The second is the point that was argued by my noble and learned friend Lord Ackner: that it is improper for the Treasury to be consulted when it has an interest, or a possible interest, in the matter. That again has not been controverted. Not only should justice be done, but justice should manifestly be seen to be done. If an interested party is consulted, that fundamental rule is set at nought. It is no use to say that the Treasury knows a great deal about these matters; so it does. But it is still an interested party.
With all his wisdom, you do not consult King Solomon if a question of monogamy is at issue. You do not consult any interested party in any matter where his decision may be seen--whether or not with justice--to be liable to be influenced by his interest.
In presuming to give a general blessing to the Bill, I presume once again to draw attention to the great pity that those words are included. The Bill is now going to another place, which I trust will take up that point.
Lord Meston: My Lords, I thank the noble and learned Lord the Lord Chancellor and his officials for the obvious care and attention which has been given to the Bill. The impact of the Bill remains unknown for the reasons that we have been discussing earlier this evening. But it seems to me to have at least considerable potential to give certainty on the question of damages in an area which, as I have already observed, is presently in a state of some uncertainty. Any reduction of uncertainty must be to the benefit of litigants and of insurers.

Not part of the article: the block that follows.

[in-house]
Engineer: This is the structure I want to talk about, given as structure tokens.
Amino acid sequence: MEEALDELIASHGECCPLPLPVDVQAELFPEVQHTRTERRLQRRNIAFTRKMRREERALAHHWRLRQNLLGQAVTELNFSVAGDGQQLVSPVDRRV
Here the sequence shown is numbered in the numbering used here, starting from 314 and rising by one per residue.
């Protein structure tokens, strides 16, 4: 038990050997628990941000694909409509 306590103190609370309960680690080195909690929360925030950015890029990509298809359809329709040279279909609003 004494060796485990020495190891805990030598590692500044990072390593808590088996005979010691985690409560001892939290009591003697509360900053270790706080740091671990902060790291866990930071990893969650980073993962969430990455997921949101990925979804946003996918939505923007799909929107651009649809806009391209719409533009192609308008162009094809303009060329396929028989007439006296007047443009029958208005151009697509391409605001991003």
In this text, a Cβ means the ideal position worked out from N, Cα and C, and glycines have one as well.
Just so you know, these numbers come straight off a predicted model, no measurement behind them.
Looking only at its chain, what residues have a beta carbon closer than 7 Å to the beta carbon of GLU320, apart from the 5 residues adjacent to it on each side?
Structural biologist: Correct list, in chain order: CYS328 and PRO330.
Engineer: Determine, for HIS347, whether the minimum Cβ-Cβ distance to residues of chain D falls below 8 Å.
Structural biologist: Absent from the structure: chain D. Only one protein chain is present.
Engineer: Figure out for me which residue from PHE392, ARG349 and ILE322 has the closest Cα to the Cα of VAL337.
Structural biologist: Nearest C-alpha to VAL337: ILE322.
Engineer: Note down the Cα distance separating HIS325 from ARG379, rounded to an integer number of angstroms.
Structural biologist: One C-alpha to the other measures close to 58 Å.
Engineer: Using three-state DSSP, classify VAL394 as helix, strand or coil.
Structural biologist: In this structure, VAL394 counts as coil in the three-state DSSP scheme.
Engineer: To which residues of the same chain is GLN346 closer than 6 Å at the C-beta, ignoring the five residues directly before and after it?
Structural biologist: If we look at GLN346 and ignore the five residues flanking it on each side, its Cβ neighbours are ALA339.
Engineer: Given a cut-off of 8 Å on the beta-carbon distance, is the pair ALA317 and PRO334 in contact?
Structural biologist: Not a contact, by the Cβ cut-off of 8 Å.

As regards the point repeatedly and properly raised by the noble and learned Lord, Lord Simon of Glaisdale, it is regrettable that the Treasury as a potential defendant has to be consulted. Nevertheless, whether or not the provision is on the face of the Bill, it seems inevitable that the Treasury will be consulted given the structure of the Bill; and the Treasury, like the Lord Chancellor's Department, will inescapably be a participant in the machinery of the Bill if it becomes enacted. From time to time they will themselves be defendants in personal injury actions. It occurred to me at an earlier stage of the Bill in debate on this point that perhaps I should have declared an interest. I once acted for the Lord Chancellor's Department when it was sued by a lady who had slipped over in a corridor in the Law Courts. The case involved a fascinating comparative analysis of the different types of floor polish used by various government departments. However, the risk of